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MLS Announces Targeted Allocation Money Rule

A new roster rule creates a separate wellspring of allocation money that can be used to buy players down below Designated Player thresholds.

Mark J. Rebilas-USA TODAY Sports

This offseason, after a contentious labor dispute that nearly resulted in a lockout or a strike, MLS committed to increasing transparency within roster mechanisms and operations. This resulted in a streamlining of the allocation process as well as the elimination of the weighted lottery and blind draws.

Now, MLS has announced another new caveat to roster construction: Targeted Allocation Money (TAM). They've laid out the entire rule on the rules and regulations site.

It would appear that MLS' new strategy is to be literally transparent; let everyone see what's going on, because no one will have any idea what it means.

TAM will be granted to each team in addition to regular old allocation money, in a five-year allotment of $500,000. The caveat to TAM, however, is that it may only be used sign new players or re-existing players who make salaries above the maximum salary budget charge, which in 2015 is $436,250. In other words, this money is used to buy down contracts to keep them from taking up a Designated Player slot.

The concept is straightforward, but the mechanics are tricky. Each team is awarded $500,000 over a five-year period, at a rate of $100,000 per year. However, they can accelerate as much of that $500k forward as they'd like and use it all at once one year, or in chunks smaller or bigger than $100k over a period of years. The only requirement is that they use a year's worth of TAM ($100k) by the end of the following season, be it on a player or in trade.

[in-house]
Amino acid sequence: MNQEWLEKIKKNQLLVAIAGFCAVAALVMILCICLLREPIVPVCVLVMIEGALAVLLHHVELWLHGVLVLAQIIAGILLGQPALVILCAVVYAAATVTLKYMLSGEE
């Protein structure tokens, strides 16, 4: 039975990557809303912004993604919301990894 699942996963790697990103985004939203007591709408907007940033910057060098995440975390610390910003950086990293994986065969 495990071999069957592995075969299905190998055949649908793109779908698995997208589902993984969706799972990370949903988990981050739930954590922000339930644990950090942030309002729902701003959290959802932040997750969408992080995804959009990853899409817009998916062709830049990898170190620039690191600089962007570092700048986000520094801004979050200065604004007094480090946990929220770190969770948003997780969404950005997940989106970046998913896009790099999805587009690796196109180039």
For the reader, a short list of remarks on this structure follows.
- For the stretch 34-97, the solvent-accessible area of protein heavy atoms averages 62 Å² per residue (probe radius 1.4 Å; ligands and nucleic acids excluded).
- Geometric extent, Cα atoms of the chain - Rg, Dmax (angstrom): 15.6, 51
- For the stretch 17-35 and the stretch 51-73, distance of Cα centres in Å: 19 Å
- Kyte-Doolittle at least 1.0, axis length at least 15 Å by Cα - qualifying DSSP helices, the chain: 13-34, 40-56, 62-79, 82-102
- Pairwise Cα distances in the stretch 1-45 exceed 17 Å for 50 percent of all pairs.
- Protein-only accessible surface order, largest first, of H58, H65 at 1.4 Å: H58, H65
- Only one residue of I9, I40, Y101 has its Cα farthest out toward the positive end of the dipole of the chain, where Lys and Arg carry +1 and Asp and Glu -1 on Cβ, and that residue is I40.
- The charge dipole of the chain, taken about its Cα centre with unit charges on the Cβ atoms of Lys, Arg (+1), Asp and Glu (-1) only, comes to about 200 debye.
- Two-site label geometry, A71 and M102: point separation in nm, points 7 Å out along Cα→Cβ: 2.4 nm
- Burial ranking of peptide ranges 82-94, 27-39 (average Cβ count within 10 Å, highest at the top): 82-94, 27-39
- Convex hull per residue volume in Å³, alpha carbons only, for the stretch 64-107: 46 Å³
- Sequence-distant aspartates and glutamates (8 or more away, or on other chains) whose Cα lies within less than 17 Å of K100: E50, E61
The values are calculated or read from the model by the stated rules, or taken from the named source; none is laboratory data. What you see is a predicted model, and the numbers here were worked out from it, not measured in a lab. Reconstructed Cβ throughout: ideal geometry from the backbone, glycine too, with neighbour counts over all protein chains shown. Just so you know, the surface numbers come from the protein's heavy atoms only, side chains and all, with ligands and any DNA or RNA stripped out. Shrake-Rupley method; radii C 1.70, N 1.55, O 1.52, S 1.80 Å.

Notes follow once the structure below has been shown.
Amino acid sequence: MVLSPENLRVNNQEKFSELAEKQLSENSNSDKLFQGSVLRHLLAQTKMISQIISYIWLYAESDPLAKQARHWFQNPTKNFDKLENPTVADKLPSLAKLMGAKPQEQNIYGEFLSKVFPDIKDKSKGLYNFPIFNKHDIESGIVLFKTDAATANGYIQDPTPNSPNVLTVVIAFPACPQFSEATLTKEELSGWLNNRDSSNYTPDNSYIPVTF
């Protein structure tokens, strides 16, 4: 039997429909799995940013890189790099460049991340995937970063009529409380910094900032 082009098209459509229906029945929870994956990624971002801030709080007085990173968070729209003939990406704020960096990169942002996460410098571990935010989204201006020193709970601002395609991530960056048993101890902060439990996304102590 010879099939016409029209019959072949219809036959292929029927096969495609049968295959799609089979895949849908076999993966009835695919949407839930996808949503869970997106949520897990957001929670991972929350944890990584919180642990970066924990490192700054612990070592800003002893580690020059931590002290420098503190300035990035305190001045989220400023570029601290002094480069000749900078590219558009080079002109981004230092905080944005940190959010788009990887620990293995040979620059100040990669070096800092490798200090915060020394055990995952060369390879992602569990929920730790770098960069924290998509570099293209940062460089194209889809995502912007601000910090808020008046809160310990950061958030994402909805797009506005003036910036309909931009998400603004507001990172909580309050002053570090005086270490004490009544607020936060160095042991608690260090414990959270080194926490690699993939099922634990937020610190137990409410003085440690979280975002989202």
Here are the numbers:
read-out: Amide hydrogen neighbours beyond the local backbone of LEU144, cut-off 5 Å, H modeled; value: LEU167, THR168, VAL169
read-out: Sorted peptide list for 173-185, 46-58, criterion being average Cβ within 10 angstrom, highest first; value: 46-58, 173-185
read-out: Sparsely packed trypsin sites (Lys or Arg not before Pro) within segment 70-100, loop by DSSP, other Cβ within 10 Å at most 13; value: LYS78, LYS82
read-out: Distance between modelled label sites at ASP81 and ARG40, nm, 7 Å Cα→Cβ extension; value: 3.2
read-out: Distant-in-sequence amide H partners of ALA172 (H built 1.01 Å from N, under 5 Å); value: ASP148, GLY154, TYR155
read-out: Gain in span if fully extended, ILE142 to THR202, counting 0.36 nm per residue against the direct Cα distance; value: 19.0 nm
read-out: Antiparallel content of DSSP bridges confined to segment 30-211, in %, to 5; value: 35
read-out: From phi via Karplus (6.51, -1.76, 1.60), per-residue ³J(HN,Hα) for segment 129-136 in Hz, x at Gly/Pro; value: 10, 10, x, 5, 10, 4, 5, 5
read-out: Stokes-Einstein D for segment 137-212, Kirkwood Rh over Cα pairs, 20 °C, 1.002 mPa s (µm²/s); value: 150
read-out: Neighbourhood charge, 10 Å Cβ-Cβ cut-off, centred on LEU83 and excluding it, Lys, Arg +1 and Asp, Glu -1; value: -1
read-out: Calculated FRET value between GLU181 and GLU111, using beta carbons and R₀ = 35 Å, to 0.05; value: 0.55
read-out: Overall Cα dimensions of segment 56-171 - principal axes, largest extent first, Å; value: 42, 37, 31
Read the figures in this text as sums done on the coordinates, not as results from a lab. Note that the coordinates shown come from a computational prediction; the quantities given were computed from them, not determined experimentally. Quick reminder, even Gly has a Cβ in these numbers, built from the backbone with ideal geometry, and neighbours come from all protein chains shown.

So over the course of five years, each team must have used or traded a minimum of $500k in TAM, at a minimum of $100k per year until they run out.

Also, clubs who use this money to bring an existing DP down below the DP threshold and remove the tag must then turn around and sign a new DP of equal or greater investment immediately. That, and TAM cannot be combined with general allocation money on the same player in the same season.

It's going to be interesting to see how this shakes out for the league as a whole. Ostensibly, this is a way to keep your key veterans - players who are probably worth more than the max salary budget but maybe aren't worth losing the Designated Player slot - happy and within the organization. For the New England Revolution, this might include a Jose Goncalves, or even a Lee Nguyen if he ends up getting paid like he hopes.

The forced use provision, combined with the ability to trade TAM, has the potential to either force constructive and interesting roster activity for each team...or force all of the funds to be concentrated in the hands of the Haves of MLS, who can then use it to buy down expensive salaries and field progressively more-stacked teams.

Or maybe everyone is misinterpreting the rule. We won't know until teams start experimenting with it, and you can expect that to happen pretty soon.